By Darren Walker, President of the Ford Foundation
I have long believed that inequality is the greatest threat to justice—and, the corollary, that white supremacy is the greatest threat to democracy. But what has become clear during recent weeks—and all the more apparent yesterday—is that the converse is also true: Democracy is the greatest threat to white supremacy.
This explains the white backlash that has plagued American politics from its beginnings and throughout these last four years. It also casts a light on what we witnessed yesterday: A failed coup—an insurrection at the United States Capitol.
Like so many others, I watched, aghast, as a mob stormed our revered temple of representative democracy—and on a day when another 3,865 Americans fell victim to the raging coronavirus pandemic.
The world was shaken by a shocking, odious sight: Confederate battle flags inside the National Statuary Hall; gallows with nooses on the National Mall outside. With glee, two rioters reenacted the murder of George Floyd on the steps of the National City Christian Church—one kneeling on the neck of the other, fully aware of the cameras capturing their laughter. Four people lost their lives.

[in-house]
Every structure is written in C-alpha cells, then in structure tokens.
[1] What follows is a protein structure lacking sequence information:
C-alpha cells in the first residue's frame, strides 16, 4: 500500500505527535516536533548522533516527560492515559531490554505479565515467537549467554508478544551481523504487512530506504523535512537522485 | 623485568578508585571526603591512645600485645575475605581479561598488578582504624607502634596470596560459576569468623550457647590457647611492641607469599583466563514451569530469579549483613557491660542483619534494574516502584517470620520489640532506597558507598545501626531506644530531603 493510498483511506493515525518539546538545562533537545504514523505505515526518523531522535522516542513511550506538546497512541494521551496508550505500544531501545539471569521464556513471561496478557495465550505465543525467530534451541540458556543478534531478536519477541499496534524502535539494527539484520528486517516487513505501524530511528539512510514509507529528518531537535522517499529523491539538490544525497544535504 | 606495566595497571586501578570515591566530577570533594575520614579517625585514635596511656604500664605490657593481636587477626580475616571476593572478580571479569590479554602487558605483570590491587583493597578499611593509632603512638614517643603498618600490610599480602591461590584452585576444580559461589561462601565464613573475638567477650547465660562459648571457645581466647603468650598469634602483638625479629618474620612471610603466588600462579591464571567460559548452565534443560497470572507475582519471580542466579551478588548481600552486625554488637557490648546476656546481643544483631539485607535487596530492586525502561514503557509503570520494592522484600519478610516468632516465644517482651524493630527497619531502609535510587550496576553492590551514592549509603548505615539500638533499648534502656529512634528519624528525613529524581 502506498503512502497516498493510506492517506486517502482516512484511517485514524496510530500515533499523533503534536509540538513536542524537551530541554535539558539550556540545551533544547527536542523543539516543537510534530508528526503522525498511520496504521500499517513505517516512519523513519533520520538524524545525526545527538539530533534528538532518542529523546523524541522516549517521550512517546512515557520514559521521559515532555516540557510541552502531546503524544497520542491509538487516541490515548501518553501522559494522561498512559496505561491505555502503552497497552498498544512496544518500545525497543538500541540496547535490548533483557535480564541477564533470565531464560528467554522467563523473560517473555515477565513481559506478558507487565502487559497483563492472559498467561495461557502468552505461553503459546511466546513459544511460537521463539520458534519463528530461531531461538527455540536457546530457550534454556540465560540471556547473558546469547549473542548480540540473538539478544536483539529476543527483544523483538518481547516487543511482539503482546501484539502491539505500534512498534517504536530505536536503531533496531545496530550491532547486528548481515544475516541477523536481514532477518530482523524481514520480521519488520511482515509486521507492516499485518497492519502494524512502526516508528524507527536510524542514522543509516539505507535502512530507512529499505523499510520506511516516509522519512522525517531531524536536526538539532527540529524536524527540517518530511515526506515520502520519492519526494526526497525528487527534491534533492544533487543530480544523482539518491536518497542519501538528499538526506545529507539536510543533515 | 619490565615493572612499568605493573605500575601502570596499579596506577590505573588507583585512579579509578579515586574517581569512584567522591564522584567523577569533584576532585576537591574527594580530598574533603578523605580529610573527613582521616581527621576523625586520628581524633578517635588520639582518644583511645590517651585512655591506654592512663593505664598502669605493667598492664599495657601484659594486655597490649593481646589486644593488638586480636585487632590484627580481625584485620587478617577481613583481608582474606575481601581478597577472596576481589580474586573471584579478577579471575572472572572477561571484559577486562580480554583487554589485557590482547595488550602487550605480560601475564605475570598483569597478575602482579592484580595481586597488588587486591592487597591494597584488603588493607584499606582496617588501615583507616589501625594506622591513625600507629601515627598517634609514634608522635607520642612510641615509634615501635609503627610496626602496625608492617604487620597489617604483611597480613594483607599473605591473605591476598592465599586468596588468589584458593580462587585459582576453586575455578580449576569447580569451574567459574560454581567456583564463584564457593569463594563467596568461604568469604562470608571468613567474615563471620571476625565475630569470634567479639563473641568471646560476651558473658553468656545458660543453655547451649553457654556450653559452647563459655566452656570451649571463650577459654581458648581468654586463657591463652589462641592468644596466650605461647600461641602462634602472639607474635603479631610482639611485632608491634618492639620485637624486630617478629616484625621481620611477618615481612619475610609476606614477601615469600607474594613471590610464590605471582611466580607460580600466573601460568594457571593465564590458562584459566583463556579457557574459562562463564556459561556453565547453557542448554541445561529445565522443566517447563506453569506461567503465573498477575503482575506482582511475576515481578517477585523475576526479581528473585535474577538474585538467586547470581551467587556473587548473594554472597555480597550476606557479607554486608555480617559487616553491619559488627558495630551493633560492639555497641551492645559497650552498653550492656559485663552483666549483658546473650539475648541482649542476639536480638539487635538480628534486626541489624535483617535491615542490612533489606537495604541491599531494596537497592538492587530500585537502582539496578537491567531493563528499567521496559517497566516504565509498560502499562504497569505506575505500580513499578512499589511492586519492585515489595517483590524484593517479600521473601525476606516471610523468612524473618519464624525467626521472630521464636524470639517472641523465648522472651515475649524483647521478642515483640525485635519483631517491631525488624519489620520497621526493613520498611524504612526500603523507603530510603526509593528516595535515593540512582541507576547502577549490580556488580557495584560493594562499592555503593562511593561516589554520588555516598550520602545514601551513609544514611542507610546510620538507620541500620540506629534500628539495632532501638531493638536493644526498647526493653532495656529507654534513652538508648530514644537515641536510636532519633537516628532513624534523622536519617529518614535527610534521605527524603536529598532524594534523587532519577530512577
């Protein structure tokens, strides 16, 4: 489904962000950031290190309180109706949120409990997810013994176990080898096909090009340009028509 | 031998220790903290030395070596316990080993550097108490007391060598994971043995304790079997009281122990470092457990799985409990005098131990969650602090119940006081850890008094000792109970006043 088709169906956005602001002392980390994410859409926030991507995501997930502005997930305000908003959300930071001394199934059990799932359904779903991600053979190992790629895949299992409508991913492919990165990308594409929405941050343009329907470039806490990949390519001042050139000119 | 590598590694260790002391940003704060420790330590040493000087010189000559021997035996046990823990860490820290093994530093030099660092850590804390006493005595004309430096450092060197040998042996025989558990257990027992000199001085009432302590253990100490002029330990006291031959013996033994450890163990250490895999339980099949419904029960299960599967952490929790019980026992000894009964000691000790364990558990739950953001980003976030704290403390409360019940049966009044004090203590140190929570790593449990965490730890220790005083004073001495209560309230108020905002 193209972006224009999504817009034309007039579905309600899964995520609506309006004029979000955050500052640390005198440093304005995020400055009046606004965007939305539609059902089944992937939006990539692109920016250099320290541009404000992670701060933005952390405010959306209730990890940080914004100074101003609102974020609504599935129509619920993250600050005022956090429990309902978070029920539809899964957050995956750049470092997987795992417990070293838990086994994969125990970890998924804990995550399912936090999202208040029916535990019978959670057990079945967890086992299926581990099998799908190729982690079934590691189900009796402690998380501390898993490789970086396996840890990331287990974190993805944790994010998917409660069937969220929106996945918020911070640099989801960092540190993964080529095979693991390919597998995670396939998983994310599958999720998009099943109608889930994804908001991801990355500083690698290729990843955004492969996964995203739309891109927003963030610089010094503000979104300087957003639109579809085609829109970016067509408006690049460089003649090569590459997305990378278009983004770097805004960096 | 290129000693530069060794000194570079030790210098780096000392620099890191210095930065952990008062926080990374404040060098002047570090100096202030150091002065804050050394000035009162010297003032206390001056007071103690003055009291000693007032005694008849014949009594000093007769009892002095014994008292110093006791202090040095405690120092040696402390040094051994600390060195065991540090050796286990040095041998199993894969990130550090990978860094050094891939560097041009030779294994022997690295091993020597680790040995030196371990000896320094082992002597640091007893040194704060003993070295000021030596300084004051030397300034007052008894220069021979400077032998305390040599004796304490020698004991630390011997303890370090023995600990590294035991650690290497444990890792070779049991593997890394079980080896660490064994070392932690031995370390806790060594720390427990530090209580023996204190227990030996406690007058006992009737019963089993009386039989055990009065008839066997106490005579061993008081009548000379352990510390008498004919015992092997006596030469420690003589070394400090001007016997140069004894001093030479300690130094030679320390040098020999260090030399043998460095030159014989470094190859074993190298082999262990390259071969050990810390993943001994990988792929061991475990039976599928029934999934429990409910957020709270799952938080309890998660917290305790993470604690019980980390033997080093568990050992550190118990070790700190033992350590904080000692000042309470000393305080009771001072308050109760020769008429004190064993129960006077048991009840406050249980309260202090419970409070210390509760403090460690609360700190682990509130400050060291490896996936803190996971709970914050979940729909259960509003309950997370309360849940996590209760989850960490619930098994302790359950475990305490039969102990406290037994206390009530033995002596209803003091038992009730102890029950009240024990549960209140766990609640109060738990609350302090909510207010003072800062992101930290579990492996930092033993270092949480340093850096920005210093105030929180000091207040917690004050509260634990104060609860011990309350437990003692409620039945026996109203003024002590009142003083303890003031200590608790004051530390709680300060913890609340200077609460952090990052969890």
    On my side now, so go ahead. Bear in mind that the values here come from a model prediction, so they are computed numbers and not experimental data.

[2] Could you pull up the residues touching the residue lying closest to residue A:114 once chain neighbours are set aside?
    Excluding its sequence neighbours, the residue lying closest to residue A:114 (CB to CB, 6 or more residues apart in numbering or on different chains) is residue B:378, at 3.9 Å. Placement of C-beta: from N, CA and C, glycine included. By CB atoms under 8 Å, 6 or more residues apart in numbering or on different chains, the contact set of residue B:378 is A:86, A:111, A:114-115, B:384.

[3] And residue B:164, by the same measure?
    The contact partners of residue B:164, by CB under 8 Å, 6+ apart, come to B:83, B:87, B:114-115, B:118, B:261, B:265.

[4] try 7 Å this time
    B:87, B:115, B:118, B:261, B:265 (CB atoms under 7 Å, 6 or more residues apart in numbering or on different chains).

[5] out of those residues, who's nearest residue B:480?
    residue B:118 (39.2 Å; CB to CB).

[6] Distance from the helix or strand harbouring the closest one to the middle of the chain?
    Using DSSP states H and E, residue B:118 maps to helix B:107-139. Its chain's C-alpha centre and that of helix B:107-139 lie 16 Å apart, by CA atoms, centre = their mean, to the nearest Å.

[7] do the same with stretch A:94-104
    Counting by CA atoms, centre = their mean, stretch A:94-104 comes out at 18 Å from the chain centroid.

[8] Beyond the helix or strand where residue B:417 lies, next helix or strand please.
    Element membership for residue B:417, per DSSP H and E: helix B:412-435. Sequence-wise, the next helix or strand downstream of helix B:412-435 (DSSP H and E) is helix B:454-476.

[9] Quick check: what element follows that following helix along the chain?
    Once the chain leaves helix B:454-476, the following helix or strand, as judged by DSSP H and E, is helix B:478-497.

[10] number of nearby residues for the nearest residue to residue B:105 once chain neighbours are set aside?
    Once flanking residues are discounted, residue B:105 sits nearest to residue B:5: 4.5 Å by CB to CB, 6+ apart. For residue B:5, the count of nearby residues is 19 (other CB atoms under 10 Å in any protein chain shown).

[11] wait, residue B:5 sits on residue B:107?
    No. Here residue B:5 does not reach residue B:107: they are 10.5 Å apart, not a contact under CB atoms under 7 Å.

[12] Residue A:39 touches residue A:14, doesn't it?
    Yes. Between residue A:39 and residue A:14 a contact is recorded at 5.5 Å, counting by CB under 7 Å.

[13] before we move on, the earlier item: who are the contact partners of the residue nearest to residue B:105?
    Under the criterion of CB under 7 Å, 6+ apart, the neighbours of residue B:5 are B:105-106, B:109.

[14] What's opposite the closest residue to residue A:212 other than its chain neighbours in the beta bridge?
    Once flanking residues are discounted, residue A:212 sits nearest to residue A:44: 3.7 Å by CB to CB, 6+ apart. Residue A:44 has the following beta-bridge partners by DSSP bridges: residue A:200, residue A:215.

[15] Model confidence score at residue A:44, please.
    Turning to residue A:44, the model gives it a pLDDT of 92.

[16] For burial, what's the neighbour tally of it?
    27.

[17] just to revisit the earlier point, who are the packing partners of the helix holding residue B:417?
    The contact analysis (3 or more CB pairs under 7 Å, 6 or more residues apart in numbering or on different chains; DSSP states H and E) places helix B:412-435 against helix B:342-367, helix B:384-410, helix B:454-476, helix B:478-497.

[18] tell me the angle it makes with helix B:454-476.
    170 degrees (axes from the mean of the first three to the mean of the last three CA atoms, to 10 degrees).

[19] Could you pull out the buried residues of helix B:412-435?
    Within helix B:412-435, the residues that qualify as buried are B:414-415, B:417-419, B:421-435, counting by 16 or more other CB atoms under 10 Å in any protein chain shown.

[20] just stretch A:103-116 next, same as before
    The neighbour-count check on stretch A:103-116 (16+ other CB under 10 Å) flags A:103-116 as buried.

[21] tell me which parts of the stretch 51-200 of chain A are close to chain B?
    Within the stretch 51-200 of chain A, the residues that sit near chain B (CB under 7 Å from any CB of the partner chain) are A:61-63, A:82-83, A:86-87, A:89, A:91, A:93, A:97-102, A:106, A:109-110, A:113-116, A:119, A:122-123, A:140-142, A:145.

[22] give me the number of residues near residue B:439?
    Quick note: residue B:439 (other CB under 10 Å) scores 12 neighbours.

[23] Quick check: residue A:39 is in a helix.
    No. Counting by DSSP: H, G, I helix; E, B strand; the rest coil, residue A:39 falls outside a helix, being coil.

There is no misunderstanding the message, nor the mission.
And make no mistake: If these had been peaceful protestors for racial justice rather than violent combatants for white pride and grievance, law enforcement would have used extreme force, if not live bullets, to keep the building secure. We know for sure because this is exactly what happened only a few months ago, as federal forces tear-gassed the peaceably assembled outside the White House to clear the area for a photo-op. As the inimitable, incisive Isabel Wilkerson Tweeted in real time, “we have seen caste in action.”
I, too, cannot see yesterday’s insurrection as anything other than the latest chapter in a long, dispiriting, exhausting history. And yet, from this very same history, I also—perhaps, paradoxically—draw hope.
I’m hopeful because, from our founding contradiction, we have emerged a freer, fairer nation. All too slowly, all too unevenly, all too imperfectly—and at far too high a cost—we, the people, have struggled to root out the strand of white supremacy in our country’s DNA.
Our founding aspirations were just that: aspirations. It’s been the work of generations—from Frederick Douglass and Fannie Lou Hamer to Harriet Tubman and Bayard Rustin—to realize these aspirations. And while much remains to be done, and undone, I believe we can emerge—and are emerging—a more unified, more equal, more just, more American America.
Yes, the ideal of democracy is the greatest threat to the ideology of white supremacy; neither can long endure in the presence of the other. That is why today—and every day—we must renew our commitment to protect our democratic values and institutions from all enemies, foreign and domestic, especially those falsely disguised as patriots.